Now that I’m on Twitter, I realise that if I want to keep up with the daily polemics I have to be willing to masquerade knee-jerk reactions to some super-topical event as studied expert analysis. I was still unable to keep up, so here are my no-longer-relevant thoughts on Canada Post’s decision to eliminate door-to-door urban service.
One of the more pronounced voices in this “debate” has been the National Post‘s Andrew Coyne, who is pushing for privatization and liberalization (which he more or less conflates) of postal services. Prior to this recent announcement, Coyne already tried to make Canada Post’s “monopoly” a cause célèbre.
The following rhetorical question posed by Coyne reveals much about the assumptions he brings to his position: “By what principle of social justice are city residents, rich or poor, obliged to subsidize the correspondence of gentleman farmers?”
The answer to this question lies in the history of the state-building function of essentially all national postal services (obviously, Coyne has never seen Kevin Costner’s The Postman). The principle is one of social cohesion and political enfranchisement (or more cynically, state control). It is the same principle that guided the construction of a national railway in the early days of Canadian confederation. For there to be a coherent nation-state called Canada, its citizens need to be able to pay taxes, fill out censuses, and communicate with other Canadians. In order to ensure the political enfranchisement of all citizens, regardless of wealth or where they lived, access to communication needed to be ensured (indeed, those in the rural fringes were the most important to ensuring political coherency; just consider the government’s current interest in Arctic populations). Equal access to the post went hand-in-hand with democratic visions.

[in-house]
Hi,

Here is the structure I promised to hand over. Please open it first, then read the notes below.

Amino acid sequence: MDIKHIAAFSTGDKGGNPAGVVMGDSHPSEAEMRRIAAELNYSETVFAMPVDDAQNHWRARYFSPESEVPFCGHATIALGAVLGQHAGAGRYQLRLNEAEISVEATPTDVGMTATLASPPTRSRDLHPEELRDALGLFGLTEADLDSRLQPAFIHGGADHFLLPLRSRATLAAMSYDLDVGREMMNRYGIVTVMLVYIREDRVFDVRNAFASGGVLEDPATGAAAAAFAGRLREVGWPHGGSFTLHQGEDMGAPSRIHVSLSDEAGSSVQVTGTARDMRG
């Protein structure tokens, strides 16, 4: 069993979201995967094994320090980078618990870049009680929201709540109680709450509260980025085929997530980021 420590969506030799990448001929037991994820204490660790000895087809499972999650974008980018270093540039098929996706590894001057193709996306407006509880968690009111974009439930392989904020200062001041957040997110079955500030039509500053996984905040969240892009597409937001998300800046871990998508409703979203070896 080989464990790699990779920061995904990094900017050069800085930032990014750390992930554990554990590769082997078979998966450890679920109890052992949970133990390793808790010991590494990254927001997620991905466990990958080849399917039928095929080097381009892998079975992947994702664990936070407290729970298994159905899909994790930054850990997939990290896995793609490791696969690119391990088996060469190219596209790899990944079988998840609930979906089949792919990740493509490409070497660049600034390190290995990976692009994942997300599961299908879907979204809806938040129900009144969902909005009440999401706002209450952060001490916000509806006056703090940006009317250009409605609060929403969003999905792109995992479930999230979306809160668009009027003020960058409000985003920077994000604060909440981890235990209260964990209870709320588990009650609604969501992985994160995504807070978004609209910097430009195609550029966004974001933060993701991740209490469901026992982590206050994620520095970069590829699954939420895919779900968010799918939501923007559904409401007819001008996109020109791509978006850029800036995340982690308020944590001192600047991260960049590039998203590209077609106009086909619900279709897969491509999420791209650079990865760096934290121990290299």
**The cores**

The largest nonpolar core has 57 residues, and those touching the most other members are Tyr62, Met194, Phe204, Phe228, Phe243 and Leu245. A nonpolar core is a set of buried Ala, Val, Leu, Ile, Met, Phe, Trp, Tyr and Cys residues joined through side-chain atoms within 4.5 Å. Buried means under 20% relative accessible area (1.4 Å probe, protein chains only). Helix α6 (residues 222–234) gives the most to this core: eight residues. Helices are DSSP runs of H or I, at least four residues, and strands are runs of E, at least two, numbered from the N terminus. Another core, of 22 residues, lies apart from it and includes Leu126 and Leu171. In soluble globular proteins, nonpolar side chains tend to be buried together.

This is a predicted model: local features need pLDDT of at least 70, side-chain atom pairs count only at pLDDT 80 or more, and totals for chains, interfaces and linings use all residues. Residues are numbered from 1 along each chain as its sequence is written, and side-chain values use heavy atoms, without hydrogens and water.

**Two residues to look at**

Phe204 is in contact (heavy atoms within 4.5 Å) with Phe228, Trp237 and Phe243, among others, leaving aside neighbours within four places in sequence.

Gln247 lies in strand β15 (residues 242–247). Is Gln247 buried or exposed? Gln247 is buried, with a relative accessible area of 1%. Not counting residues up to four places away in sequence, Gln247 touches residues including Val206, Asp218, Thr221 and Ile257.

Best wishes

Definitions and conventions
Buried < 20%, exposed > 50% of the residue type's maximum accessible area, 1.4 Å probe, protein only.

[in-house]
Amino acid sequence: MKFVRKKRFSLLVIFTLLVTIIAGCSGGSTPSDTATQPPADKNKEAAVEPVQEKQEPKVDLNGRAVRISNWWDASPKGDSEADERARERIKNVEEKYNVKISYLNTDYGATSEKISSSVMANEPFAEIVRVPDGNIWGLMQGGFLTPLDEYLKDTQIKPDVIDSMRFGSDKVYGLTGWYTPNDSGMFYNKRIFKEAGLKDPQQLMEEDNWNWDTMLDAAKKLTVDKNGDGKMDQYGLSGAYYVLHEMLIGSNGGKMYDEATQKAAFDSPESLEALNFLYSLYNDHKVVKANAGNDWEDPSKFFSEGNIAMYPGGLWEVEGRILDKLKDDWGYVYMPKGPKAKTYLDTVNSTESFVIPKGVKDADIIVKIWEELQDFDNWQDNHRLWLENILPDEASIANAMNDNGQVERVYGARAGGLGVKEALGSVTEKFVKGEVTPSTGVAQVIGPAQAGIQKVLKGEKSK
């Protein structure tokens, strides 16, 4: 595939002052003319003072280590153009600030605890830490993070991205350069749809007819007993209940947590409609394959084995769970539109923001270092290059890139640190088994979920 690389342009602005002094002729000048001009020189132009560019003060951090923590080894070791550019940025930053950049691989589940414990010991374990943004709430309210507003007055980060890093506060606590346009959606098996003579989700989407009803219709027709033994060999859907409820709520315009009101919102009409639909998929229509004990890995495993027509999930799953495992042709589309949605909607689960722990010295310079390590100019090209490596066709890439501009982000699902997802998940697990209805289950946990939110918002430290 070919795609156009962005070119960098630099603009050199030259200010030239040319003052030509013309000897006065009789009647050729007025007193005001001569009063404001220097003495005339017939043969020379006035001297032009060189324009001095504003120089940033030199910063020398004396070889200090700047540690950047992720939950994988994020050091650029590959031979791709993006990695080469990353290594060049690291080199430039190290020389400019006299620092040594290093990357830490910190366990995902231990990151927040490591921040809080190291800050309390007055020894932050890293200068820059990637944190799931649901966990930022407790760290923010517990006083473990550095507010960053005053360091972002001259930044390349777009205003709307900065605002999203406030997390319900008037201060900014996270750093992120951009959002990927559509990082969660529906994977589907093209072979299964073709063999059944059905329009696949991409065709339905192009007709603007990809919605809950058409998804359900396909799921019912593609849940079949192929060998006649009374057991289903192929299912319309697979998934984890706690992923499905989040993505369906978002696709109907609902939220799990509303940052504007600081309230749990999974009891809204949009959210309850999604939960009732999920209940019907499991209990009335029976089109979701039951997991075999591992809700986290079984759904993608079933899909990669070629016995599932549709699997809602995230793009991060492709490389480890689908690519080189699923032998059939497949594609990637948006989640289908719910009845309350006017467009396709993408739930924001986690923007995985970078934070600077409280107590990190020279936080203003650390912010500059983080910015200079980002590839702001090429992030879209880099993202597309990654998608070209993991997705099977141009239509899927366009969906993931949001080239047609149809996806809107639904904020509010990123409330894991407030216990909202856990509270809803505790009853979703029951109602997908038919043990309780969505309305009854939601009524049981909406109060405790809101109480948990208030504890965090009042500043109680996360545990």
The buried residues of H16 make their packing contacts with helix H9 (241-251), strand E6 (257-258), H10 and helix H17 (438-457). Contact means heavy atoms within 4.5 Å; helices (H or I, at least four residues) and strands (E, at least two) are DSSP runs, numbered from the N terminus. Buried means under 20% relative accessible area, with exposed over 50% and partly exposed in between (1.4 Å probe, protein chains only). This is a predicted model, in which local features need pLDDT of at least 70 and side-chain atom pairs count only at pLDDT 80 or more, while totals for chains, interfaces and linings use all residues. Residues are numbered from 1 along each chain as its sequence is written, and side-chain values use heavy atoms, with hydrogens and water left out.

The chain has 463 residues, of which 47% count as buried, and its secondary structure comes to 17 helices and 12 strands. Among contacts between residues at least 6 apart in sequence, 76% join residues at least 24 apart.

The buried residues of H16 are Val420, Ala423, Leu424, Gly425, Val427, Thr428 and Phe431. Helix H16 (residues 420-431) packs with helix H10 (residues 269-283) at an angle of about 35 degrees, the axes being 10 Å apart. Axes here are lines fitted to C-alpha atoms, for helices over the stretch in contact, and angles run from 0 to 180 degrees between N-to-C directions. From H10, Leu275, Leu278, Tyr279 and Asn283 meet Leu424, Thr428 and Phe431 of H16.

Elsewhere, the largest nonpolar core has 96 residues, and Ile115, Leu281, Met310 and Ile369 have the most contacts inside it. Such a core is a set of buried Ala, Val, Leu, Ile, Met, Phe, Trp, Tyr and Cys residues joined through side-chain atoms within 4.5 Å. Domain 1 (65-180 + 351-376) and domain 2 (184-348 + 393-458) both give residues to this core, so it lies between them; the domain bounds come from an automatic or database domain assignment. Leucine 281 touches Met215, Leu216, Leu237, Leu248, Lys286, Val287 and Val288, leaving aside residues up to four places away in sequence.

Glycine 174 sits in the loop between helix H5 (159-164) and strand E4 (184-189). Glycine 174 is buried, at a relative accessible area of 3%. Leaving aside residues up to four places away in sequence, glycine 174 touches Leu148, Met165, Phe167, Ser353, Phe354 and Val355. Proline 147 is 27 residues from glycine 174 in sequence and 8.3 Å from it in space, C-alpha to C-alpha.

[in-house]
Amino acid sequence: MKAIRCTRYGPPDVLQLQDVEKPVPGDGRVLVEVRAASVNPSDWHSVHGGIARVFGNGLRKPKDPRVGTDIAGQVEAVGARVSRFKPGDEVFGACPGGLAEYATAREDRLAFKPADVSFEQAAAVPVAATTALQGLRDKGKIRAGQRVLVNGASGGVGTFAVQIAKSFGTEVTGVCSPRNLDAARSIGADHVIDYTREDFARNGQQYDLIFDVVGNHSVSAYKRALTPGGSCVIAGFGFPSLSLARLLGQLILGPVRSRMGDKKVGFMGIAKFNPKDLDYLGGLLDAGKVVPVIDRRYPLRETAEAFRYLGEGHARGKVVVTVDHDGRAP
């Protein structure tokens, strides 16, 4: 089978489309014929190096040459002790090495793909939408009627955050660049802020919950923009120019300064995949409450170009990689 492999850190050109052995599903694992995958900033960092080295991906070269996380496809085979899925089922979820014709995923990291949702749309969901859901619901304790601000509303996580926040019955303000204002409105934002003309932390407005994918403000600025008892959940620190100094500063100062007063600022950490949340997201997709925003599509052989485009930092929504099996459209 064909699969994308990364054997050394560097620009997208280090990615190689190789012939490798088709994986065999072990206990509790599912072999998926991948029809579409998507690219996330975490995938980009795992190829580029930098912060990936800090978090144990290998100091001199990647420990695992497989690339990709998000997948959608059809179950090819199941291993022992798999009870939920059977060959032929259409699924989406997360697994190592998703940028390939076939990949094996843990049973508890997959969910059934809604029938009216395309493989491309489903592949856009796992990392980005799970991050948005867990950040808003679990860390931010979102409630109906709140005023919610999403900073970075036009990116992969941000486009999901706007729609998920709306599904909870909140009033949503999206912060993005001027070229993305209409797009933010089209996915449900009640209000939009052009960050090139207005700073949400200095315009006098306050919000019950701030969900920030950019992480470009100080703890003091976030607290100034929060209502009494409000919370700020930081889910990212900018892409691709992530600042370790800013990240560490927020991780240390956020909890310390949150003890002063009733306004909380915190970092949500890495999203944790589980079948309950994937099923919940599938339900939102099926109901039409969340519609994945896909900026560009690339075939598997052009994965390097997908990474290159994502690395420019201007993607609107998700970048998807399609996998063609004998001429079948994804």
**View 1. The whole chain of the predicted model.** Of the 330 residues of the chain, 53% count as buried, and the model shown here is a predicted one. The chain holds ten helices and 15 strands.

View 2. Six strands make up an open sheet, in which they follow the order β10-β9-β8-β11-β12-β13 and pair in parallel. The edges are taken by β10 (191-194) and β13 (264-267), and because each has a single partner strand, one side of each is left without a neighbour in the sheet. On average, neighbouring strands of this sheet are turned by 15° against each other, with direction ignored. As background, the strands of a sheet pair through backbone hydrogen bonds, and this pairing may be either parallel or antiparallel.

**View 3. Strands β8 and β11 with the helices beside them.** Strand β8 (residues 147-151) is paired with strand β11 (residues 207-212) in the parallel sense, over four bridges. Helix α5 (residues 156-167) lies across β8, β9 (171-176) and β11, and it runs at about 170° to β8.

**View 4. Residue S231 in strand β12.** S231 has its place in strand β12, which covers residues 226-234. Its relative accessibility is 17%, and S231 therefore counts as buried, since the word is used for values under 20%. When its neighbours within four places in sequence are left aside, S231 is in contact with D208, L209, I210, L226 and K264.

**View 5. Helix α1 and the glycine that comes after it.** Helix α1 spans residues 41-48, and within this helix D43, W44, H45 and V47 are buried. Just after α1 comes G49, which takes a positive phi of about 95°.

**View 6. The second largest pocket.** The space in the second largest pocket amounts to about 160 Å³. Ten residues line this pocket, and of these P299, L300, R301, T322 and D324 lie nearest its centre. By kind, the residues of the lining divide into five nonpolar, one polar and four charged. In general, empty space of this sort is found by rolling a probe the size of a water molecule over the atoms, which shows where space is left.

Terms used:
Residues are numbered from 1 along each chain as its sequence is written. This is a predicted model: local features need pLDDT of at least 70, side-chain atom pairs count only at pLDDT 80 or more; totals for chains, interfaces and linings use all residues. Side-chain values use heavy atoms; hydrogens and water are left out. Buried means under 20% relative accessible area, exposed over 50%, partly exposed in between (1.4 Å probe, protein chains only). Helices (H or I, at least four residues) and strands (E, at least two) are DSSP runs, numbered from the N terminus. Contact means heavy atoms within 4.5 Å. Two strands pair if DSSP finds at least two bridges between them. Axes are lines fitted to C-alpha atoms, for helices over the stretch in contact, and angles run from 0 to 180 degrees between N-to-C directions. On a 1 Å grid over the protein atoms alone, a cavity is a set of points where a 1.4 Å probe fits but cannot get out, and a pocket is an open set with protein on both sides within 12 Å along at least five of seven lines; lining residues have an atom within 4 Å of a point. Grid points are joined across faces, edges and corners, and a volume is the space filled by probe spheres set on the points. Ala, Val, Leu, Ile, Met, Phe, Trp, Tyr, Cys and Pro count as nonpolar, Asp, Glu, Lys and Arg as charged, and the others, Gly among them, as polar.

By the way, Coyne is actually wrong about his rhetorical assumption. City residents do not subsidize the mail of rural-dwellers; the most expensive postal codes to service are urban.
Coyne’s real question is, why is the government involved in the delivery of mail at all? To understand why this is so and whether it makes sense one needs to look at the nature of the service being provided. There are compelling arguments as to why things like transit systems, police forces, and sewer infrastructure are publically controlled. It’s hard to imagine how an open market for subways would work, or how a coherent connected public transportation system would come about in a free-market environment. So, is mail service like public transportation? Is it essentially a public service, or merely a commercial enterprise? Does it make sense for mail to be centrally controlled? Does it make more sense from an efficiency point of view to centralise mail distribution? Does it make sense from a logistical point of view to have only one kind of mail box on the streets of cities and towns? These are questions that Coyne and others who rally against the “monopoly” of Canada Post dismiss out-of-hand. Continue reading “No Longer Topical Canada Post Post”
Recently the Conference Board of Canada released a study that claims that upwards to 90% of Ontario road costs are covered by drivers. The purported findings of the study were gleefully touted by all major news sources, and if one was careless enough to read appending user-comments, one could expect that they were rife with remarks of smug self-satisfaction and entitlement, and perhaps claims of moral superiority in the horrific “war on cars.” I was immediately sceptical of the findings because previous studies have estimated, on a national level, that driver-related revenues covered upwards to 64% of road costs, and I argued that even this was probably an overestimate.
Predictably, most of the media reports did not pay close attention to the ranges (often just reporting the 90% figure) and methodologies used, nor did any of them spot or comment on any of the obvious issues in the study. I figured this was typical journalistic inaccuracy and sensationalism. But then I read the press release on the Conference Board of Canada’s website. It leads off by claiming “Majority of Ontario Road Infrastructure Costs Paid by Motorists.”